"As you get older three things happen. The first is your memory goes, and I can't remember the other two."
— Sir Norman Wisdom
Friends, let me begin this Sunday by offering my most sincere apology, because it occurred to me this week that I've left you hanging for the past few months on a topic that I never quite finished.
Before I explain further let me ask: have you ever walked into a room with purposeful intent but when you stopped you couldn't remember why it was you walked into the room in the first place?
It happens to the best of us, including me, and it can be a rather frustrating situation to find yourself in. I mean, you had an agenda but in the 10 feet or so of traveling your mind has been swiped clean. You look around searching for some kind of landmark that might give you an indication of your present predicament but nothing ever pops out at you to give some sort of clue as to why you're standing still in the middle of the kitchen just gazing around like an idiot.
The scientific terminology for this event is called the “doorway effect.” Which if I must say sounds so much better than “duh.” I bring this up because as you may have read a few months ago in my column I did some landscaping and mulching of the flower beds. What do the two have in common, you may ask? Well, after the seeds were neatly planted and the mulch arranged just so I find myself now staring at the front of the house wondering just what it was that I had sown. All the Burpee packages have long since been thrown away and I stand before several different enthusiastic growths of green, but I don't know if I'm growing weeds or flowers at this point. I am calling this phenomenon the “yard effect.”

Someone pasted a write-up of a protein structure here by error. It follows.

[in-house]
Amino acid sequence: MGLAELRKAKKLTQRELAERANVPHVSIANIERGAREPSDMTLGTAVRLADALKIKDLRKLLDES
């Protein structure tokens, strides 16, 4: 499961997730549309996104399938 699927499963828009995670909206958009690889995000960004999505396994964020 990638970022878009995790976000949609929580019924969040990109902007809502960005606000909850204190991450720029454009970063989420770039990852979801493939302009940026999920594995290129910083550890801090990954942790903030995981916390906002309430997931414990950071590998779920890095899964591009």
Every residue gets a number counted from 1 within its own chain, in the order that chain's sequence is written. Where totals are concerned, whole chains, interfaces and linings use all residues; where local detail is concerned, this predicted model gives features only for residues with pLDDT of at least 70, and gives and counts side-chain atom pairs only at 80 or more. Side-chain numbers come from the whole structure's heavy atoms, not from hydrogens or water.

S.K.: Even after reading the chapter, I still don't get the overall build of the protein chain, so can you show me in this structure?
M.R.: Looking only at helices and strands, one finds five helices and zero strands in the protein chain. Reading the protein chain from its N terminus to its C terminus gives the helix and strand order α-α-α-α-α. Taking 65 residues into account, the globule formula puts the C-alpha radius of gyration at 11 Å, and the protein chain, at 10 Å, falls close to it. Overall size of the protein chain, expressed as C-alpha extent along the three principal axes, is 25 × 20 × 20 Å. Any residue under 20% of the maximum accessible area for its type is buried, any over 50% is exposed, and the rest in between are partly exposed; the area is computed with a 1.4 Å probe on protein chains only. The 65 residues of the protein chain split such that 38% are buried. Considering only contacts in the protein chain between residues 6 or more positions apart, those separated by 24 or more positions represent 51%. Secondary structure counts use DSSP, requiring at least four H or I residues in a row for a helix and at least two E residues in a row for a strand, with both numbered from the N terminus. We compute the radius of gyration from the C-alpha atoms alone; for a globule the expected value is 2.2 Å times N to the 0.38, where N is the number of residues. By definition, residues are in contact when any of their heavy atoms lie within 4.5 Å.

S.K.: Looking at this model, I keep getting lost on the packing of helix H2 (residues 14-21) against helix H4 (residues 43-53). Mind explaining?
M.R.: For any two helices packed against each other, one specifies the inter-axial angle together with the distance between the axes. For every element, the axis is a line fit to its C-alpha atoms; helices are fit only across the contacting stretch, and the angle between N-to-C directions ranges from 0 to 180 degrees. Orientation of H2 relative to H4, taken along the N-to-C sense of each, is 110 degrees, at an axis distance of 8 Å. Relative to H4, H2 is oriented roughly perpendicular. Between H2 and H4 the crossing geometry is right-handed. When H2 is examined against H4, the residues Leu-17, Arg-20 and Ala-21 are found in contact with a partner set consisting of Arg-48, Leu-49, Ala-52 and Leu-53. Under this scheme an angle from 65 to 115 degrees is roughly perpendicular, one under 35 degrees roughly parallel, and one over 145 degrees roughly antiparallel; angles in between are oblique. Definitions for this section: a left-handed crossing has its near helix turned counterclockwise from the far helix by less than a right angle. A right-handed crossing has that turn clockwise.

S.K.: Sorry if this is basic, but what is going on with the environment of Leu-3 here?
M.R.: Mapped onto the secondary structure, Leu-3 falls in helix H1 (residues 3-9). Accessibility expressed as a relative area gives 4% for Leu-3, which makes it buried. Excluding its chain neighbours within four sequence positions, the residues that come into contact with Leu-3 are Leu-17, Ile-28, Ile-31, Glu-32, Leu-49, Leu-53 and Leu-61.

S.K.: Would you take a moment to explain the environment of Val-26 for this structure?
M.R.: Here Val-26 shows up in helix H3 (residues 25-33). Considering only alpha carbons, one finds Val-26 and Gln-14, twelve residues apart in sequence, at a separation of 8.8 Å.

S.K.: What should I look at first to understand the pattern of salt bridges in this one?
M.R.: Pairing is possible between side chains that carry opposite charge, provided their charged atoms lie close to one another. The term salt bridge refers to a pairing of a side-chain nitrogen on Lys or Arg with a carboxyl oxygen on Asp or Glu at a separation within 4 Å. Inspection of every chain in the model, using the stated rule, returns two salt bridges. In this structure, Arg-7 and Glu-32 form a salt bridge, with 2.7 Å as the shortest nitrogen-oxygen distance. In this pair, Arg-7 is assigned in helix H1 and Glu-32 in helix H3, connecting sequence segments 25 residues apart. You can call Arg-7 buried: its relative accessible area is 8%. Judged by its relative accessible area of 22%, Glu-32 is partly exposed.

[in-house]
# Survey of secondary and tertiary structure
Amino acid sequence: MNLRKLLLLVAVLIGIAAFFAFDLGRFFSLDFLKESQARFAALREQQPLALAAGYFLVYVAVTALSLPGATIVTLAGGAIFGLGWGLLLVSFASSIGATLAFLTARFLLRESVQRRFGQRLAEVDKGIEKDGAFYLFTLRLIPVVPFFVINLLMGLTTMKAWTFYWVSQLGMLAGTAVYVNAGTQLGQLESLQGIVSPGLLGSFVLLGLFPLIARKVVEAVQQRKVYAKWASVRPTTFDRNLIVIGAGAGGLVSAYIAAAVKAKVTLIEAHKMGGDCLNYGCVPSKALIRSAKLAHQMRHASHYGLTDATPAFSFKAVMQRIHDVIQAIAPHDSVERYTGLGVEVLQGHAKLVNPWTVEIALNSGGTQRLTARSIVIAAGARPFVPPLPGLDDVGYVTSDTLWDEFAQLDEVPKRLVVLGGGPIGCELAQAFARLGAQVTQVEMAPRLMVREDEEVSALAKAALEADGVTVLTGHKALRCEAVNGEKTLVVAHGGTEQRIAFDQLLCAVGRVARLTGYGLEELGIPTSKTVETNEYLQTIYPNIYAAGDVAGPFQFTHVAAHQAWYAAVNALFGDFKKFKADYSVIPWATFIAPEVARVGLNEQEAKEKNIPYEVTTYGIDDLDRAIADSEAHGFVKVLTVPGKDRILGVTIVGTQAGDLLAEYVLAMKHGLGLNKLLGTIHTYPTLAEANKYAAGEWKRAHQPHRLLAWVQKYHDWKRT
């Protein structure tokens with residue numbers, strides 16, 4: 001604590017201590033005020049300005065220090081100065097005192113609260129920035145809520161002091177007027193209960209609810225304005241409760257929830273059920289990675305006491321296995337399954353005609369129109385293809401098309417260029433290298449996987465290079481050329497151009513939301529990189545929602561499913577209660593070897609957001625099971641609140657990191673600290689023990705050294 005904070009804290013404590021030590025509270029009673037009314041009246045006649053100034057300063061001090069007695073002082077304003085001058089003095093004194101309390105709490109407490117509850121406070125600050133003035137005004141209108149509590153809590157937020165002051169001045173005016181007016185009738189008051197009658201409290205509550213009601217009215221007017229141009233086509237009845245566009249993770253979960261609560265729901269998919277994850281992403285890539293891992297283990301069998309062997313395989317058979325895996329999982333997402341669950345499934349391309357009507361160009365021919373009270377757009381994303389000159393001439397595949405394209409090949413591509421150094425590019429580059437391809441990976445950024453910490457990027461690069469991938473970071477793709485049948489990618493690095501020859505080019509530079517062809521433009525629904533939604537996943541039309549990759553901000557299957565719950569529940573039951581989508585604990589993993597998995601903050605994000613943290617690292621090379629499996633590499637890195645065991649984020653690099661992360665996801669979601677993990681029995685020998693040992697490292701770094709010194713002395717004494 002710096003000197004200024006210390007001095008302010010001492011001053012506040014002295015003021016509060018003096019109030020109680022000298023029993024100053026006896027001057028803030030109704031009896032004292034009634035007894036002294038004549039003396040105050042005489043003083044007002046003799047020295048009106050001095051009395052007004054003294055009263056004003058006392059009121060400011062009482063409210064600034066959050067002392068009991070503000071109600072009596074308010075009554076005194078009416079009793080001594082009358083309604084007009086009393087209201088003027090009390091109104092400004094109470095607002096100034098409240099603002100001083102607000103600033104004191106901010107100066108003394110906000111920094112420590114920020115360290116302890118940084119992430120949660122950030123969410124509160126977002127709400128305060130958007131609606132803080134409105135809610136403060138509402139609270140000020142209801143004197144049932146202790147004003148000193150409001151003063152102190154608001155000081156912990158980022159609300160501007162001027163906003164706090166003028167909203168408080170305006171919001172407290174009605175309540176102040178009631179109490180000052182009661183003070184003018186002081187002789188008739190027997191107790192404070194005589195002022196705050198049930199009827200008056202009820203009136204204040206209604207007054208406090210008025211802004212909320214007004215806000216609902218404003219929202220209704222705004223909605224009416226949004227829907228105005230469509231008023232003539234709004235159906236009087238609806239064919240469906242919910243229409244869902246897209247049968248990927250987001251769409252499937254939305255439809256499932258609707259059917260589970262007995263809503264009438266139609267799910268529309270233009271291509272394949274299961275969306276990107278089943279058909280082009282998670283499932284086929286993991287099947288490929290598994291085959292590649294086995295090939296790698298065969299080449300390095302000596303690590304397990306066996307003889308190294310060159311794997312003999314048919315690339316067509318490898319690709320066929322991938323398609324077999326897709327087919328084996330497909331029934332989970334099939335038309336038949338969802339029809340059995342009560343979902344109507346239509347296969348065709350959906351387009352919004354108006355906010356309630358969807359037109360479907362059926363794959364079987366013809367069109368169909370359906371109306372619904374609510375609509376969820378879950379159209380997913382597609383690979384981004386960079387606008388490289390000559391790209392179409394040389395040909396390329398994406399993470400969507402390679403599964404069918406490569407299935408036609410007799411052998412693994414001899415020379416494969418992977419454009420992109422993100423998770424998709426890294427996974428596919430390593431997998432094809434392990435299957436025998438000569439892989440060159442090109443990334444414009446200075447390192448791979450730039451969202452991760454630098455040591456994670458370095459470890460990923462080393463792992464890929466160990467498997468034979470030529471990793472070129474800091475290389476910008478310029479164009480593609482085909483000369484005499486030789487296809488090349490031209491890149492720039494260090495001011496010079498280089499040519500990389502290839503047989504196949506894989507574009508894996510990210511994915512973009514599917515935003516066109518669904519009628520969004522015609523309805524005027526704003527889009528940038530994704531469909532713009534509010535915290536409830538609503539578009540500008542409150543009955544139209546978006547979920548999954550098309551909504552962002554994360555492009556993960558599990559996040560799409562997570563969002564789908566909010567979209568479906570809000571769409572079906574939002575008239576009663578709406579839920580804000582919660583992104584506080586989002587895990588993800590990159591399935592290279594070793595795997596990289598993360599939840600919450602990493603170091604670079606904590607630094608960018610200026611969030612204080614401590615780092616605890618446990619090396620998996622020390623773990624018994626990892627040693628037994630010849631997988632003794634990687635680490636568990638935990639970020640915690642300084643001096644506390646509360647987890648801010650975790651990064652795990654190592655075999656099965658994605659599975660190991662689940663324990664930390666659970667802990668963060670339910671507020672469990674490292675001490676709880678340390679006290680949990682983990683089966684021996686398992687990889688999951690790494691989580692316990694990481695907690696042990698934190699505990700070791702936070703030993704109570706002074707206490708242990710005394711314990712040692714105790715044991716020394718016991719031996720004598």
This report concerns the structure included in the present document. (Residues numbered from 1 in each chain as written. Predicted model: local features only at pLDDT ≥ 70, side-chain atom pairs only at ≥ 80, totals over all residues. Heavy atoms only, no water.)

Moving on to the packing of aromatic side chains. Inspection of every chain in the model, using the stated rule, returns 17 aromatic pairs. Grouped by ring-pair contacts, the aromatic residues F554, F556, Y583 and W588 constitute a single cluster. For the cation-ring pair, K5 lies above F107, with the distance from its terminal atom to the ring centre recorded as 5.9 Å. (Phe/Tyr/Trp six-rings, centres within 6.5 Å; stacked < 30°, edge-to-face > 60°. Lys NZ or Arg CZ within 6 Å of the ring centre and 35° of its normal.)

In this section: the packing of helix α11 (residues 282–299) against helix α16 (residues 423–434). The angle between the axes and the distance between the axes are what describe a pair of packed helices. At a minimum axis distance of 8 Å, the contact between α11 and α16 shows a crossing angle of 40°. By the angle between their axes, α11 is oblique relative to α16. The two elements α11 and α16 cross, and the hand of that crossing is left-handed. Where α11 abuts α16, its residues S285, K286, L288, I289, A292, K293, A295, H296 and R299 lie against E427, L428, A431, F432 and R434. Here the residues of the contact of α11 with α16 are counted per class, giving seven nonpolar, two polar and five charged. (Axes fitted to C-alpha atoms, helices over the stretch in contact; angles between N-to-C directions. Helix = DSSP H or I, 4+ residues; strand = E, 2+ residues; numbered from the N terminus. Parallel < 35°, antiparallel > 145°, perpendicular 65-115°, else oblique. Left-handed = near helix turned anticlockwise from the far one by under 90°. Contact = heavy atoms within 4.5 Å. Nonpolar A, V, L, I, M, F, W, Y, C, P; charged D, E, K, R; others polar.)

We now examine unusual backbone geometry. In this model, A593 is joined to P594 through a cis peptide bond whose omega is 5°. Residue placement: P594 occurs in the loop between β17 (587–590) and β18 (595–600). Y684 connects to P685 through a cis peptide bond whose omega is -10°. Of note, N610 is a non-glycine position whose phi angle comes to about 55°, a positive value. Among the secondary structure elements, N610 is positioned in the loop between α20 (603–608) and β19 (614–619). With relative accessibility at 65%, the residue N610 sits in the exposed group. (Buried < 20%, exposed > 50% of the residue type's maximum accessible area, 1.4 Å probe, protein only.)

The “yard effect” shall henceforth be defined as when you plant a series of seeds but forget what seeds you planted and have to then try and determine what's worth pruning and what's worth plowing up. Unfortunately I am not smart enough to know the difference. There's a stalk next to the mailbox that's grown to a healthy five feet and is covered in leaves. But is it a bush, a tree or a flower? I have no clue. Then there's this little patch next to the fence that I swear has a rose bud peeking out of some snowball-looking plant as if my own flowerbed is trying to play a practical joke with my psyche. And there is some truth to that conspiracy, because I built a small rock sculpture near the driveway and out of nowhere there is a small ivy vine slowly curling its way around each stone — and I know for a fact that I wasn't the one who put it there.
So I'm glad I was able to bring some closure about the flower bed. I just wish I knew why I went into the kitchen.